After that, most White River trips took us far south and east of the mountain trout waters. We hunted deer in the river bottoms and fished for panfish in river oxbows. There were catfishing nights on snow-white sandbars and squirrel hunts in groves of river-island sweet pecans.
One day we watched sky-darkening waves of mallards descending into the flooded White River bottoms, tens of thousands of them tumbling earthward like the pelting gusts of a spring thundershower. Other times, there were simpler thrills – bald eagles soaring overhead, meteor showers at night, the occasional big catfish caught and carried home so we could show it off at the pool hall.
It was never enough, though. No matter how often we visited the river, we always found an excuse to go back. We still do.
Since those first tentative excursions to the L’Anguille 48 years ago, I have fished rivers throughout the Western Hemisphere. The Tallapoosa in Alabama. The Columbia in Oregon. The Hudson in New York. The Snake in Wyoming. The Magaguadavic and Red in Canada. The Fuerte and Elota in Mexico. The Paragua and Caroni in Venezuela. The Branco, Negro and Amazon in Brazil. Dozens more.
These are not my rivers, however. The rivers I love most – the L’Anguille, the St. Francis, the White, the Mississippi and others – flow through the Natural State. For some people, these waters are nothing more than obstacles to be crossed. For me, they are trails to follow. They are threads woven through the fabric of my life. And now that I have six sons, they are something to share.
In 1996, three of my sons and I joined friends for a 60-mile float on the Arkansas and Mississippi rivers. For four days, we fished, we swam and we explored. It was, for all of us, an unforgettable experience.
In 1998, my youngest son joined the same crew for another adventure on these magical rivers. In 1999, we did it again.
These trips began as short summer getaways, but they evolved into something much more meaningful. The more time we spent on the rivers, the more my sons came to treasure the beauty and wildness of these ancient waterways. They anxiously planned each trip, eagerly waiting the time when we could once again ride the current through the backwoods. I began to see in them reflections of my childhood, and could see that they, too, have developed what will certainly become a lifelong love of rivers.
On the last river trip with my boys, I went out when everyone was asleep and sat by the water. It felt good to lean back and enjoy the wilderness around me: a sweep of star-specked sky between walls of majestic hardwoods; sandbars scrubbed white by the moving waters; flowers and greenery cuffing the river. There were no sounds of civilization, only the low hiss of the breeze ruffling the trees and the calls of a barred owl hunting downstream.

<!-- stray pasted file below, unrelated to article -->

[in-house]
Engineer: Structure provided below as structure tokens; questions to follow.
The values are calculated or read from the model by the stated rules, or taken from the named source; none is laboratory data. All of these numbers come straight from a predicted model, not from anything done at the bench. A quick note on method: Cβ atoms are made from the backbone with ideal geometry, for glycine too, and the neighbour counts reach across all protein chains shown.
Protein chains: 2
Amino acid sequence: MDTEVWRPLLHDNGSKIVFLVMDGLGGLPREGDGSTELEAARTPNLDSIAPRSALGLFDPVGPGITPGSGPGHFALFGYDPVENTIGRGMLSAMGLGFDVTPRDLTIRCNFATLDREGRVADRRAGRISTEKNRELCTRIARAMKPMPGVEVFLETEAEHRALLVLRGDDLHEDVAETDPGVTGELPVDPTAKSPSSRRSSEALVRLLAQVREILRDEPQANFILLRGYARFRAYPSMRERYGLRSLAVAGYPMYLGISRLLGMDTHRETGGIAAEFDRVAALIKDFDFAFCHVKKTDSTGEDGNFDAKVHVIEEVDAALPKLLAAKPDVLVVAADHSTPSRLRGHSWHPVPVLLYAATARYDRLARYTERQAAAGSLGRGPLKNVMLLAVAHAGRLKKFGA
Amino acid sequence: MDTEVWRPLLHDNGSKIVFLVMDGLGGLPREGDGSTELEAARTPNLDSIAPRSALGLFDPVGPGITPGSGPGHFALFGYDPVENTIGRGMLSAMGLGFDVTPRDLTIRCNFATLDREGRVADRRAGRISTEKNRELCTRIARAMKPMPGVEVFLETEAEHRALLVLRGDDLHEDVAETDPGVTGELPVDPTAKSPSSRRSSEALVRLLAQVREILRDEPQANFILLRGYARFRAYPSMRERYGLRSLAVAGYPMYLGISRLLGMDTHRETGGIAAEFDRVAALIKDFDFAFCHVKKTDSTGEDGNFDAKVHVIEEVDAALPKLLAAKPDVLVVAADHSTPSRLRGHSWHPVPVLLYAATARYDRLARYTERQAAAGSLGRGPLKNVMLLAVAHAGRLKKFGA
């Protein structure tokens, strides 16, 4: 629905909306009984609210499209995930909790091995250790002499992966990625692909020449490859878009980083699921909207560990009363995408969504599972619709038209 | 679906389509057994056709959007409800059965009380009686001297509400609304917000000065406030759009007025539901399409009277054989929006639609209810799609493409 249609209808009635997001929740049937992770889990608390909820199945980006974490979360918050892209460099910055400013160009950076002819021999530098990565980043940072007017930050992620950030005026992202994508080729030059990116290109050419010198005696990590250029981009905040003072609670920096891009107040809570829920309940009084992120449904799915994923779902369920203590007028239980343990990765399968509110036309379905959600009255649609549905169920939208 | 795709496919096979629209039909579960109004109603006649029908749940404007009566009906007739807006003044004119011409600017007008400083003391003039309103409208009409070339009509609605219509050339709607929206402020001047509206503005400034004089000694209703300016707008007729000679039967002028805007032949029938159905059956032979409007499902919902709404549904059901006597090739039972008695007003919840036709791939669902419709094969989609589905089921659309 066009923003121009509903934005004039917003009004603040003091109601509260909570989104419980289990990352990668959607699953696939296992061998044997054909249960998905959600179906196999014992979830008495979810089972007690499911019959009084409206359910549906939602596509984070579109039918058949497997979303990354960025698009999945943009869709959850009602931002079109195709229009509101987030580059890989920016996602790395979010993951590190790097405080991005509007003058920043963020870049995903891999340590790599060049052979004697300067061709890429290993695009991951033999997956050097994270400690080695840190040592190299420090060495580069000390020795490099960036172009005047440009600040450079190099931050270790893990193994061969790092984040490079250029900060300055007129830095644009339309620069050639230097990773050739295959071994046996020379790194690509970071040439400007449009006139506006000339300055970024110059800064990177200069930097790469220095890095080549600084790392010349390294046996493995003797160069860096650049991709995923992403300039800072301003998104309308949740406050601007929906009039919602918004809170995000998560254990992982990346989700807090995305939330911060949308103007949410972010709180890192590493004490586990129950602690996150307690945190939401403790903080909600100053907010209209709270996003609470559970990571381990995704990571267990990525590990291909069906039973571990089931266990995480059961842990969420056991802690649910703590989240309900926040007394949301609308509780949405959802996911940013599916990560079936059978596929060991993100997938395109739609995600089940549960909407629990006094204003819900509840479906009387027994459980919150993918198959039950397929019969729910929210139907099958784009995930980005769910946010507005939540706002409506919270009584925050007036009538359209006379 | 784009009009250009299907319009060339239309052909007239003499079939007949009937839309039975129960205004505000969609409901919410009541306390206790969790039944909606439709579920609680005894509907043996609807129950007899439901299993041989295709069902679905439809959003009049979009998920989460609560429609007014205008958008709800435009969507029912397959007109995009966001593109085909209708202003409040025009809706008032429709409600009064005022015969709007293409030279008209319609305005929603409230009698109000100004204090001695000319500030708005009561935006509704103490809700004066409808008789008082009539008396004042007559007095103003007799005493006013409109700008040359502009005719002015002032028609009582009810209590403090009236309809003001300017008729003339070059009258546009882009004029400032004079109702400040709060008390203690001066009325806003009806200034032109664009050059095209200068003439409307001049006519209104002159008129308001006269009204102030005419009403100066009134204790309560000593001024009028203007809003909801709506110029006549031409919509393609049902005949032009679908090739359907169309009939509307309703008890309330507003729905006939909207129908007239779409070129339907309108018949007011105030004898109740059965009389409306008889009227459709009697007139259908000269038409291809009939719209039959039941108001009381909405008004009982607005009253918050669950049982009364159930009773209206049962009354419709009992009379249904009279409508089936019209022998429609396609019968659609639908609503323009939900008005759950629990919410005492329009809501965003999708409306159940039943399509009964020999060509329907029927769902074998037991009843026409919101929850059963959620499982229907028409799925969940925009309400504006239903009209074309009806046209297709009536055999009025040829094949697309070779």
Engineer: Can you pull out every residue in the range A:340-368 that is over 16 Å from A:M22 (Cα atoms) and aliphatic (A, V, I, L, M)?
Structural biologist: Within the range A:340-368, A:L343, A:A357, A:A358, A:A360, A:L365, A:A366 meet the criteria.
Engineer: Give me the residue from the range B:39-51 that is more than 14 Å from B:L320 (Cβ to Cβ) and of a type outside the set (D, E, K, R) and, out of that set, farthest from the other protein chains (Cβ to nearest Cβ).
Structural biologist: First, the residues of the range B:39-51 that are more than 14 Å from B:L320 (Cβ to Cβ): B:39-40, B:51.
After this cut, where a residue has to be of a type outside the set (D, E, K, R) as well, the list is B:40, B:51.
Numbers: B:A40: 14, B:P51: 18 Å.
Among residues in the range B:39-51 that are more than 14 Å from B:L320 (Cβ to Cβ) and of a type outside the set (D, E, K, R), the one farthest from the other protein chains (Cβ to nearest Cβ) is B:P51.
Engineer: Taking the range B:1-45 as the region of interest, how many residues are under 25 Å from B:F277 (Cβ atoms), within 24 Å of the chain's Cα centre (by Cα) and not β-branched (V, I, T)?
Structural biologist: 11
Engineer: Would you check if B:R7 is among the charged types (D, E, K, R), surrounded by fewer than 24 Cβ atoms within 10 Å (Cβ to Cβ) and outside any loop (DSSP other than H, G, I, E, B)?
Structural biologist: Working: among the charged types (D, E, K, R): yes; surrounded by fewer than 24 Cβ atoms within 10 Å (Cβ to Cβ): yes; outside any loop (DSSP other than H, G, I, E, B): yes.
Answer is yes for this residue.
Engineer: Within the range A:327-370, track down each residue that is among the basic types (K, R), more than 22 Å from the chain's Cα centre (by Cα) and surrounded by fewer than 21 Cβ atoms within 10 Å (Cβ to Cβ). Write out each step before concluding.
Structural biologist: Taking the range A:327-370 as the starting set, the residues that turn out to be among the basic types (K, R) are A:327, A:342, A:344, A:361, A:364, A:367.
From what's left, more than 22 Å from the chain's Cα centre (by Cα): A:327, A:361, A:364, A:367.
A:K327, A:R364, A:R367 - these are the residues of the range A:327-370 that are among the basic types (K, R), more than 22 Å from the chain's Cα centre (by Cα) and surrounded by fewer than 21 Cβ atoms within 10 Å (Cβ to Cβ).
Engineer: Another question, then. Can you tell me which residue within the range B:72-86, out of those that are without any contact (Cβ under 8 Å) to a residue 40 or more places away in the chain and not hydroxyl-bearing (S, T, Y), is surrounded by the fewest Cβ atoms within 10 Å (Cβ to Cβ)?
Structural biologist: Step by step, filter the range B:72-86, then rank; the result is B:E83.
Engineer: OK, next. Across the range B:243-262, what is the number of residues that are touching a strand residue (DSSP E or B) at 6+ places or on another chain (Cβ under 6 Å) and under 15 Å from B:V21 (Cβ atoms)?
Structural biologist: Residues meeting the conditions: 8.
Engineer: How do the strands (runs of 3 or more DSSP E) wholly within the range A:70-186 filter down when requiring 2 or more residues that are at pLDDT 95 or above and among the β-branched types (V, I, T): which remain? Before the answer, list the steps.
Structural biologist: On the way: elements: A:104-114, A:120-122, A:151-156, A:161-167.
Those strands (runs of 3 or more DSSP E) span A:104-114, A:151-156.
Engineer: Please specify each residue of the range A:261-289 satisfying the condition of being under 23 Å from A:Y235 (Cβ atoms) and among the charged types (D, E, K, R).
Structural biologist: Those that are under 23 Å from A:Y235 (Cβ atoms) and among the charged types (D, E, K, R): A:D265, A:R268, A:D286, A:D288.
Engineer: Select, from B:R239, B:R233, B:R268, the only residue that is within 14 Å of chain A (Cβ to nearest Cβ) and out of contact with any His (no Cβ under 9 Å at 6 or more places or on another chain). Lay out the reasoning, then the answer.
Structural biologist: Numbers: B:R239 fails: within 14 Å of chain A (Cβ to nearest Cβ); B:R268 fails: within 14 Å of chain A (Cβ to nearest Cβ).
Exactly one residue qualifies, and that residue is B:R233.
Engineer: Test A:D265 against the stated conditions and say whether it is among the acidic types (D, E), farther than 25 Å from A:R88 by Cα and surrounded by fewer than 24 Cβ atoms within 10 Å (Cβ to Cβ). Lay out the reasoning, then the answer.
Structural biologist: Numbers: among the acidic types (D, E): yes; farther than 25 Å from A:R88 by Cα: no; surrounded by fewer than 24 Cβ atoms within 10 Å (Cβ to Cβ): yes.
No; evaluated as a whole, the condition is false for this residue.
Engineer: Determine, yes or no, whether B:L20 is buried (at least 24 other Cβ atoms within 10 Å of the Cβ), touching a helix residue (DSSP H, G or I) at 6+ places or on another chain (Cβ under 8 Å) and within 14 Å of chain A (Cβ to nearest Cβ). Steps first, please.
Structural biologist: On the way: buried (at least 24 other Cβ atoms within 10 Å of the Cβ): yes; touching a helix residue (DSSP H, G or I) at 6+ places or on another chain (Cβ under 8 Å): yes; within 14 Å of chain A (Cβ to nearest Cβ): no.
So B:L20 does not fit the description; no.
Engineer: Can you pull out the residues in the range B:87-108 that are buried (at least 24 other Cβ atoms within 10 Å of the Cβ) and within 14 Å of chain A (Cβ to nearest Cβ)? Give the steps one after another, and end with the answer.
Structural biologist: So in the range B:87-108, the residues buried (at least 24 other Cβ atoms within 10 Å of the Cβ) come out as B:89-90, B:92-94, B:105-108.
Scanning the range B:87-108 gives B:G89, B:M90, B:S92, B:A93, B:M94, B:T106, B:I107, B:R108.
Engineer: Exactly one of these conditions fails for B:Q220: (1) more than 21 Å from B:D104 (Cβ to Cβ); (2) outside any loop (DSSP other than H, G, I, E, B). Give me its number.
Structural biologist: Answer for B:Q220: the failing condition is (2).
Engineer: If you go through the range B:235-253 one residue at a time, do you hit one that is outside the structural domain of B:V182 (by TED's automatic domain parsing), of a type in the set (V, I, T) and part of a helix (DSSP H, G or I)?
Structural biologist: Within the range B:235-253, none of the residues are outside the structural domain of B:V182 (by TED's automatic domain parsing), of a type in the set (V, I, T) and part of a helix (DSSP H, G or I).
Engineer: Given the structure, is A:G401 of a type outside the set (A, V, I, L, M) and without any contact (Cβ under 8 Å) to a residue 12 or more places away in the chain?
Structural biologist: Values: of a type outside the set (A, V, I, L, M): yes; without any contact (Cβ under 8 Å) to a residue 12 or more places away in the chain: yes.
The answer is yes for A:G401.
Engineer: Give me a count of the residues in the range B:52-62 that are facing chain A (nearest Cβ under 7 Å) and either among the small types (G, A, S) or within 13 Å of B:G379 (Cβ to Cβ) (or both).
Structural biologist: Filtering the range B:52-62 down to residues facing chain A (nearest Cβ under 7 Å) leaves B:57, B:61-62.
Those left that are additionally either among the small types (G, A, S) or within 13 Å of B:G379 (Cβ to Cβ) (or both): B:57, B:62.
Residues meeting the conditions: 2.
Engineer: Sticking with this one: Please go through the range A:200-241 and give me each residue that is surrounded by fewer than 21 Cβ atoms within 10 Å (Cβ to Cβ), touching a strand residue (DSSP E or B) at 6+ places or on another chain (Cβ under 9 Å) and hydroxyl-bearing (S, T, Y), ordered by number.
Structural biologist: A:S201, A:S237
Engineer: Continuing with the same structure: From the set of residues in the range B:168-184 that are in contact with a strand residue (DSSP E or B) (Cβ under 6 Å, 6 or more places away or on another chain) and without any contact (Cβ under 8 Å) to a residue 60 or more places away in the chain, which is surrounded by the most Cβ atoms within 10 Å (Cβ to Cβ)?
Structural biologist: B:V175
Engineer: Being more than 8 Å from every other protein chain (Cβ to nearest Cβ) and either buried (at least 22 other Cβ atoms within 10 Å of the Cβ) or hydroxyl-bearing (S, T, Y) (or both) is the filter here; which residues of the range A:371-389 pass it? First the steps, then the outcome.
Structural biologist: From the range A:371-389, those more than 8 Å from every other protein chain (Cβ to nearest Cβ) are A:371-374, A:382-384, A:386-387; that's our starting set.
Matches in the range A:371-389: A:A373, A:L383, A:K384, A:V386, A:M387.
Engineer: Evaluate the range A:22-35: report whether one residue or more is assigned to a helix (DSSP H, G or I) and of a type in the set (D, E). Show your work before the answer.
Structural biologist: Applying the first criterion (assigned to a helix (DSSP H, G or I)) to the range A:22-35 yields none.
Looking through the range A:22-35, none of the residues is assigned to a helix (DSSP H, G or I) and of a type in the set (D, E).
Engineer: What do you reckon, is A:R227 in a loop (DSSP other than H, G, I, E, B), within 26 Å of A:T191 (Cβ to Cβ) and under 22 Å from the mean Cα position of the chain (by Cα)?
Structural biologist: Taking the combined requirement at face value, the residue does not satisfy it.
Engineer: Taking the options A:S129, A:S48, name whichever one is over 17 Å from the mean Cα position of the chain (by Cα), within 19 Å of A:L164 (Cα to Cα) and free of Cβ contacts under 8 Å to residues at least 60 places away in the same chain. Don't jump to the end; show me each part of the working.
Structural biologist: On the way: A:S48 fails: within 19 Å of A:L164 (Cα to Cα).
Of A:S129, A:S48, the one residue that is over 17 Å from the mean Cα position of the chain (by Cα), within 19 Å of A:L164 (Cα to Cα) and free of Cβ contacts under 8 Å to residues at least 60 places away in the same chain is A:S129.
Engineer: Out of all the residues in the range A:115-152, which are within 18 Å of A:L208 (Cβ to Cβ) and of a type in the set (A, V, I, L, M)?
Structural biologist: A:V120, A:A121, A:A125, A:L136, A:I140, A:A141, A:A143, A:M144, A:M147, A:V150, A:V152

I took my shoes off and soaked my feet in the water. The river tugged at my toes. It was as if the stream was alive, and I could feel its pulse.
Relaxing there, I pondered the many miles this water had traveled, the people it had touched, the animals and plants it had nourished, the mountain bluffs, cypress bottoms, farmlands, cities, fishing shanties and hunting camps it had coursed past, before reaching this point at the end of its long journey.
I thought about others like us who must have been drawn to the river that day. I thought, too, about the creatures – the ducks, bears, and deer, the water birds and raptors – and about the people who had come before us – explorers, voyageurs, boat captains, naturalists, pioneers, historians – all allured by the magic of the river.
I reflected on my own attraction to this river and other rivers I love. And I thought about my sons’ growing love for flowing waters.
Now they, too, have been charmed by a river mistress. And in them, I see hope for the future of these precious waters.
I slept well that night, knowing they were with me.
Editor’s Note: Keith Sutton is the author of “Pro Tactics Catfish.” To order an autographed copy of this 164-page, full-color book that’s full of fishing tips, visit www.catfishsutton.com.
Looking for fishing shows on Outdoor Channel during the months of October – December? “The Hunt for Big Fish” and “Stihl’s Reel in the Outdoors” both air in the last quarter of the year. Check the schedule for updated air times.